Of denunciatory eloquence there is a yet greater abundance Chrysostom himself supplies models which his biographer, if we may use the term, is not slow to imitate. Here is a portion of the homily which he delivered at the highly dramatic scene when the curtains of the presbytery of St. Sophia were drawn back, revealing the form of the fallen Eutropius as he crouched before the altar :—

"Think not that I desire for a moment to insult a fallen man ; my aim is to forewarn those who stand, and to bid them take heed lest they fall. I stand not here to fret the sores of the wounded, but to preserve the health of those who have no wounds ; not to roll the billows over the head of the shipwrecked, but to point out the hidden reefs to those whose sails are swelled by the favouring wind as their prow cleaves the gleaming sea. Who was ever so great as this man ? What living man in all the world could rival him in wealth ? Consul, Patrician, Priefect of the Sacred Chamber —what honour was lacking to his Eminence? He was the envy of all men, and now he is as naked as the slave, indigent as the beggar. Drawn swords, and pits, and tortures, and the path that leads to execution, are ever before his eyes. These are the things, not the pleasures which he has exhausted, which crowd his vision. Why paint the picture which is before your very eyes ? Behold him ! "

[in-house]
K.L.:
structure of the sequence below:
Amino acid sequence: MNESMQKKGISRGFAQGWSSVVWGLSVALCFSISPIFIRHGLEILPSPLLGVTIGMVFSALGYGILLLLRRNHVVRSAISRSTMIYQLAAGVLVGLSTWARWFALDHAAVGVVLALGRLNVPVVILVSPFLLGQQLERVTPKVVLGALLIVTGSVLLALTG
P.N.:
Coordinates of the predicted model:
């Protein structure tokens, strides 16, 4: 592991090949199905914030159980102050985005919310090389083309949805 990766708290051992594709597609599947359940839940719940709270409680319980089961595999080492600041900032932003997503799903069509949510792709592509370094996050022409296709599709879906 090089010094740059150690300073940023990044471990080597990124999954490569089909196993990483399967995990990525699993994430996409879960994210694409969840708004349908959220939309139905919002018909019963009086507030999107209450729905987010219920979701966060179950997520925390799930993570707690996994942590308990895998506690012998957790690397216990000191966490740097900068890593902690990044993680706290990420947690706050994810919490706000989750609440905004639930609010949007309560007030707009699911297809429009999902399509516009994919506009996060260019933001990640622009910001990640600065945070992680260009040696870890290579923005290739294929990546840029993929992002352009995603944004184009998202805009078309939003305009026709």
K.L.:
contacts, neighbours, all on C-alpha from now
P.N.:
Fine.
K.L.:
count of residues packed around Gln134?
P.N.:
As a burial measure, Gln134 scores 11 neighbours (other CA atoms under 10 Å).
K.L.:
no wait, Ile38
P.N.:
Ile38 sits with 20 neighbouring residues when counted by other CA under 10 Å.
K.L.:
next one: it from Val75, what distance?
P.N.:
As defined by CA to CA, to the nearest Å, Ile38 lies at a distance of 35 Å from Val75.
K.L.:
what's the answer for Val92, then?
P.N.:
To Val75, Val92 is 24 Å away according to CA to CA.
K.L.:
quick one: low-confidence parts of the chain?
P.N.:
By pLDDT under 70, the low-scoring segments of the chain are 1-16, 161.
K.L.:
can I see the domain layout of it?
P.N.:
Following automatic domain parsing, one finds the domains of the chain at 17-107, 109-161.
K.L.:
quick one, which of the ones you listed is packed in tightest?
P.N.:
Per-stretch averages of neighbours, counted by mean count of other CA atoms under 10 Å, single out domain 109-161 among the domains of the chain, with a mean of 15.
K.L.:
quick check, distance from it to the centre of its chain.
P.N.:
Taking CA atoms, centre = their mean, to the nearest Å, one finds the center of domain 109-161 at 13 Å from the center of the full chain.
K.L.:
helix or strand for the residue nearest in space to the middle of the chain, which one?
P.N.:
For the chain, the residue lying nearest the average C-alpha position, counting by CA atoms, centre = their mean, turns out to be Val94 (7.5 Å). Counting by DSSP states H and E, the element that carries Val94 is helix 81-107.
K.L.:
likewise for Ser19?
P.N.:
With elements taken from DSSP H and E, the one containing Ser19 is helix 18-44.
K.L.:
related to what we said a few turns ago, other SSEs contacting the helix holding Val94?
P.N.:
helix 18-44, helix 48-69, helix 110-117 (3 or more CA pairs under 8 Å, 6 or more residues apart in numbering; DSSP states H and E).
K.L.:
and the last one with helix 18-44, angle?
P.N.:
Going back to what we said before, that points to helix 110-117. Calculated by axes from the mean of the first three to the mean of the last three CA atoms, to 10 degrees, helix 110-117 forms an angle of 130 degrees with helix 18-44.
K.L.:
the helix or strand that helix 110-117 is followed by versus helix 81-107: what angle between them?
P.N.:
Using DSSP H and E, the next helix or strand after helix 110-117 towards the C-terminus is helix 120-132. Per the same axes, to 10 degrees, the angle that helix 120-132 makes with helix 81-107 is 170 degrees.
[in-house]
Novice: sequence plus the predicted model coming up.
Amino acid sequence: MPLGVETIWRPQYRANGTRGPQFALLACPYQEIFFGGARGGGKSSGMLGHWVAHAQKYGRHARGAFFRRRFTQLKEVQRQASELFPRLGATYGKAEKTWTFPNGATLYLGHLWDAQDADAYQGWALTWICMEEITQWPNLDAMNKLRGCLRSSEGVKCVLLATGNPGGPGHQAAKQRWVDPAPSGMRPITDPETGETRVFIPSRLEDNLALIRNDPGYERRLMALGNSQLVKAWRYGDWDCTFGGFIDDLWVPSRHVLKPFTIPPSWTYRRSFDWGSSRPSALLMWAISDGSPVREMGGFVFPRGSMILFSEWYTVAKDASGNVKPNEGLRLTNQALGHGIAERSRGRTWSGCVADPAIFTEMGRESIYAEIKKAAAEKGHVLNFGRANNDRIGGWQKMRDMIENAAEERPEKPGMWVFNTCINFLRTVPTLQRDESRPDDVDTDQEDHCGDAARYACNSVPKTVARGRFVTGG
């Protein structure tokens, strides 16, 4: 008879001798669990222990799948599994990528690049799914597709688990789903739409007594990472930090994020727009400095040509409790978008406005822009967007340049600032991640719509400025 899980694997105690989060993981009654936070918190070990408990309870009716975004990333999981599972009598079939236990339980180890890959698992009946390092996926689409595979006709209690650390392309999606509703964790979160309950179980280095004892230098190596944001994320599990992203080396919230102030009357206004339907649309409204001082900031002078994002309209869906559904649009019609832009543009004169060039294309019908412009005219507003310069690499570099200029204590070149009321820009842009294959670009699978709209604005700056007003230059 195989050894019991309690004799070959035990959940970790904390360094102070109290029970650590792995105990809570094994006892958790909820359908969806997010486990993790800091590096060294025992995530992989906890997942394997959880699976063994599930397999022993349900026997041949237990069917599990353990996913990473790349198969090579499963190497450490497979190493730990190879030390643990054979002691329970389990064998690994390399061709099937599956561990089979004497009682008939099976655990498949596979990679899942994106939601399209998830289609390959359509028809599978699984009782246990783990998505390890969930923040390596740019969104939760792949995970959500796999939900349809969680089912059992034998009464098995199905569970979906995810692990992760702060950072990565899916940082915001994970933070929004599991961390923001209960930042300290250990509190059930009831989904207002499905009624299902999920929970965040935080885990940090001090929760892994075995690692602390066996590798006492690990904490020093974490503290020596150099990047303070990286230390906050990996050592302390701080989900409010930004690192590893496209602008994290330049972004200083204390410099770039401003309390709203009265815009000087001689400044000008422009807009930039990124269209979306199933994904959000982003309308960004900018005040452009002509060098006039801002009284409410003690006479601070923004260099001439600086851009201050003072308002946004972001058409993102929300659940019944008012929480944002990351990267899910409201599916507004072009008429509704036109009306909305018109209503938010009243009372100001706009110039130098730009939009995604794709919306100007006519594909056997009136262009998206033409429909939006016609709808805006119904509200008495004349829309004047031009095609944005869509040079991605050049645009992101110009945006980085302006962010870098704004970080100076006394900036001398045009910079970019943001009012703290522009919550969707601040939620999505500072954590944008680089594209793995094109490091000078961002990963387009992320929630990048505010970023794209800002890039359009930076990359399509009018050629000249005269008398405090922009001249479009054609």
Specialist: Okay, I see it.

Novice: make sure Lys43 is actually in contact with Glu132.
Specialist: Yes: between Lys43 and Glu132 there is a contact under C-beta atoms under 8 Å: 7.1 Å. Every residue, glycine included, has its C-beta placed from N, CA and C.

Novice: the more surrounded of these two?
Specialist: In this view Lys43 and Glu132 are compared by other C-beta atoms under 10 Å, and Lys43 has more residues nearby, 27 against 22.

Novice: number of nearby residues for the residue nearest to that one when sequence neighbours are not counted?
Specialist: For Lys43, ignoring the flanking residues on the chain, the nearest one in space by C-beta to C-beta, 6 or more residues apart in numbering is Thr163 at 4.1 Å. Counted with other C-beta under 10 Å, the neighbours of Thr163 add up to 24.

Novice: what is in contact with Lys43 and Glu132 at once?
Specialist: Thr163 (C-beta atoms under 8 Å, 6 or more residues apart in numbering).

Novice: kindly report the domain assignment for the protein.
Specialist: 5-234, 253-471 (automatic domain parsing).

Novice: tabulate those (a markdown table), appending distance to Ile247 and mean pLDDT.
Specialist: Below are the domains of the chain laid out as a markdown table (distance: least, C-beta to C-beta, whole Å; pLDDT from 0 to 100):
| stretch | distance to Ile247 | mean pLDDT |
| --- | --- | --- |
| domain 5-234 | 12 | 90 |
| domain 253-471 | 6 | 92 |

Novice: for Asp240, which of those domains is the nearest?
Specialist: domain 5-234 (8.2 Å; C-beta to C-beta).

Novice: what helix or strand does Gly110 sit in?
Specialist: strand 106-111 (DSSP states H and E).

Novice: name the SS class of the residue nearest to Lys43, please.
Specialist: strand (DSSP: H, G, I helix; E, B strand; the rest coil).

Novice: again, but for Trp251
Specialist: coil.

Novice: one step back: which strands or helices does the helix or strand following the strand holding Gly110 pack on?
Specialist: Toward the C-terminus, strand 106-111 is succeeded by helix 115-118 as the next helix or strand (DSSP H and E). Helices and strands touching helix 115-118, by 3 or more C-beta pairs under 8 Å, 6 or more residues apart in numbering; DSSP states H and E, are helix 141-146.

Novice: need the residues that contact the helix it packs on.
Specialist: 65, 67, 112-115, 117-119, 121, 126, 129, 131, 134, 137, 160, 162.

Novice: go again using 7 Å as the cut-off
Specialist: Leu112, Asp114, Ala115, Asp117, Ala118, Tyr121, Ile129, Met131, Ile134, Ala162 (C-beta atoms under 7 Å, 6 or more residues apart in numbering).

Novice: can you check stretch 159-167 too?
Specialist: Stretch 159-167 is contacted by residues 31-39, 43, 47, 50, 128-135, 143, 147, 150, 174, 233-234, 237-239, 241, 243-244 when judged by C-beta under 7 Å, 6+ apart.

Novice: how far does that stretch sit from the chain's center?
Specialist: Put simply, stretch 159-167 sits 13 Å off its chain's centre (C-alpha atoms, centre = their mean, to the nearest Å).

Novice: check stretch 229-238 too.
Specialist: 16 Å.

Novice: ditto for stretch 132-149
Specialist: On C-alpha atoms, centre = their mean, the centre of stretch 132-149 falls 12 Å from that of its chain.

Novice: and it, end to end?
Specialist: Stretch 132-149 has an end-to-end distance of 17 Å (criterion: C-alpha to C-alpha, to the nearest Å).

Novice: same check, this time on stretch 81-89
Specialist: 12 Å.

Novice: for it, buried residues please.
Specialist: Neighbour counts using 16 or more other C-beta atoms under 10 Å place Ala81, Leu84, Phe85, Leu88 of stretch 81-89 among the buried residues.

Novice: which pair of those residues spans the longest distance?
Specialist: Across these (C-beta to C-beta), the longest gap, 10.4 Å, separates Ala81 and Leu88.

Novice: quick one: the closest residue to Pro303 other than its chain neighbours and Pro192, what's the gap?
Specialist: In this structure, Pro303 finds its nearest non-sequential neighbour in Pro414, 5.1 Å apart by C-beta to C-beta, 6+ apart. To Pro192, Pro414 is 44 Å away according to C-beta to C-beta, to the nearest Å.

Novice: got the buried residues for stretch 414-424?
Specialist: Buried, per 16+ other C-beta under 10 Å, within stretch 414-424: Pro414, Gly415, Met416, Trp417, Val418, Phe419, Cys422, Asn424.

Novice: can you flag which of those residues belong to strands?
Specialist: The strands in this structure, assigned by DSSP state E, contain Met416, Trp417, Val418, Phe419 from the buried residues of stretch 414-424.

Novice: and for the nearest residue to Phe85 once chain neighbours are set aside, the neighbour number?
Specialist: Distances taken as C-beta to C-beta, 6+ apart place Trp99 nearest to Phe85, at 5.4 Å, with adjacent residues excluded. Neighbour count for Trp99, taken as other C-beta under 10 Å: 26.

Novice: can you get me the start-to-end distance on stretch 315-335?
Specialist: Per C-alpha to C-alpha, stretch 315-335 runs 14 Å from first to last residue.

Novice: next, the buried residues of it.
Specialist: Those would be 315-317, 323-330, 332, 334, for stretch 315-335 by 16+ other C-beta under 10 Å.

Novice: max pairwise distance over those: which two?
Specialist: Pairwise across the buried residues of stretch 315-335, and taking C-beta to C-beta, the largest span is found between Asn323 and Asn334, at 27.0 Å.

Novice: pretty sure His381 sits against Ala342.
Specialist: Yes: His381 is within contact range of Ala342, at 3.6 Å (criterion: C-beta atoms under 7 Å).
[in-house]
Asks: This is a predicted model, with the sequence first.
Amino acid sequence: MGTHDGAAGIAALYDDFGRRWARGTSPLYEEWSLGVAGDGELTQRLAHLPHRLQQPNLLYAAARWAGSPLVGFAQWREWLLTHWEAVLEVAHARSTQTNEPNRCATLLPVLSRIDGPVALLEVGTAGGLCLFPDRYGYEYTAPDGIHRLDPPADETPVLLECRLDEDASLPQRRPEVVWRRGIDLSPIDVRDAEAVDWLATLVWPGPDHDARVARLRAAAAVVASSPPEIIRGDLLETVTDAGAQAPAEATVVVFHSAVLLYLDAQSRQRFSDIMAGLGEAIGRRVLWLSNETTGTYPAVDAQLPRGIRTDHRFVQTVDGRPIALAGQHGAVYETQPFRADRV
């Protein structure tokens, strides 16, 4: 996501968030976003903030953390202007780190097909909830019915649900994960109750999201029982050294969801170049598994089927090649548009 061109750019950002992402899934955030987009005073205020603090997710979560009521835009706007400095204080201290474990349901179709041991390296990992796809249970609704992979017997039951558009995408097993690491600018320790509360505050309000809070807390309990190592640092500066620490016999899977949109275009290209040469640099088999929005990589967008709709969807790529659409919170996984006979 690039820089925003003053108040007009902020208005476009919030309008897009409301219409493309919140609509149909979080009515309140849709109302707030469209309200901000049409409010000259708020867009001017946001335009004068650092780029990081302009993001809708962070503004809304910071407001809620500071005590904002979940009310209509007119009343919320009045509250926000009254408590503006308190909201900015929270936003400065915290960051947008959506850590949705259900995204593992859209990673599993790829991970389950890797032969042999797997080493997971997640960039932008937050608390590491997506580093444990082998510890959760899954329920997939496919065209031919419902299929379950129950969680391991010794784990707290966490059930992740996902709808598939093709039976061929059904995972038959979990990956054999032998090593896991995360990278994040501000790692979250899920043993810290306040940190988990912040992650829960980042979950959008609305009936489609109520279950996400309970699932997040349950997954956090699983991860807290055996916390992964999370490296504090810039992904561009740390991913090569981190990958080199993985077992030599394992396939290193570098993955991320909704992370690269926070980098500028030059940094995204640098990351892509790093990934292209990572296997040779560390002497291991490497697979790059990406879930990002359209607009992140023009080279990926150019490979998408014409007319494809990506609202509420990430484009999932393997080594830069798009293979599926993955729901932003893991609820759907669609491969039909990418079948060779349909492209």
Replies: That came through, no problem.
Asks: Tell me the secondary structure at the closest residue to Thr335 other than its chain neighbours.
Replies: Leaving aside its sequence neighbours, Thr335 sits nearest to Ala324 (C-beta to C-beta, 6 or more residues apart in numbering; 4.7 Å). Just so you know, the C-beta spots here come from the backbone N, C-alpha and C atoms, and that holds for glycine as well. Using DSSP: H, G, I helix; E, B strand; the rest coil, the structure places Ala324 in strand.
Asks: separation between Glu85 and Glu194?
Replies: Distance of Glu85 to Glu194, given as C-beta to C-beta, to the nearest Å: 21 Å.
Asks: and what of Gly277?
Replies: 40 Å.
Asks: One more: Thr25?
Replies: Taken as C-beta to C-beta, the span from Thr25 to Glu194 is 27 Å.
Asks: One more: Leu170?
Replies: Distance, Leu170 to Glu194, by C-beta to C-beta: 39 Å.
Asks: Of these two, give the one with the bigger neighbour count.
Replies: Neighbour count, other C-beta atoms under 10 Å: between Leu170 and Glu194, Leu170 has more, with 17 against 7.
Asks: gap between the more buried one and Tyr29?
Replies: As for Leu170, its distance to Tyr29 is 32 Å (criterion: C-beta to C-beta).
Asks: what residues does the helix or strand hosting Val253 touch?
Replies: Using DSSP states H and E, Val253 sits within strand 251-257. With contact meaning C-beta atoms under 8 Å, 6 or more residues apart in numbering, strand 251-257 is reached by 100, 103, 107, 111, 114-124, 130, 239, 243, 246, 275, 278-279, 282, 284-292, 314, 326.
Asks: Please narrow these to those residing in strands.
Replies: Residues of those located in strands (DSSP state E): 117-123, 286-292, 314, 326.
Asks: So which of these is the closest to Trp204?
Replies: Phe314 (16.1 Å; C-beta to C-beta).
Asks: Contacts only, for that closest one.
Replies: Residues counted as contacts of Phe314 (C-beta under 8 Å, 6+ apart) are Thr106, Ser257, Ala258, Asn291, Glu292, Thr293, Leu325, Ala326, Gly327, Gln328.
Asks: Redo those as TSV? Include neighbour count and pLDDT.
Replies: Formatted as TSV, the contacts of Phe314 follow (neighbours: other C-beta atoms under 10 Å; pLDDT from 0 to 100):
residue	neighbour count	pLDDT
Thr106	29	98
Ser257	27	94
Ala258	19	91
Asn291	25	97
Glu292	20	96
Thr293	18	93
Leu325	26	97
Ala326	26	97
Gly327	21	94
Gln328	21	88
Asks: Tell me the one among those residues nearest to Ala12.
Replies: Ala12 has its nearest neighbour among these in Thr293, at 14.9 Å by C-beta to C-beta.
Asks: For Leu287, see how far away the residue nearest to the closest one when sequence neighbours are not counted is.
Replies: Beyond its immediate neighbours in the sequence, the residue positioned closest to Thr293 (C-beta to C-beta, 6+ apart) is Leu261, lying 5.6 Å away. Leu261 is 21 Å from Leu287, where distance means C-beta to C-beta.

Sometimes, we must say, our author is carried away by his fervour. He forgets the Christendom of the fifth century, Theophilus of Alexandria, Isaacs the Monk, and the other enemies of Chrysostom, to denounce Popes and Inquisitors, the Massacre of St. Bartholomew, and the Fires of Smithfield. The character of the story, as a whole, is sufficiently well indicated by its title, but it has its brighter side, supplied by the career of the young Antiochane, Philip, who attaches him- self to Chrysostom in his prosperity and in his fall, and who lives to see the wrongs of his master repaired as far as might be, by the late repentance of the Church which had so wronged him in his lifetime.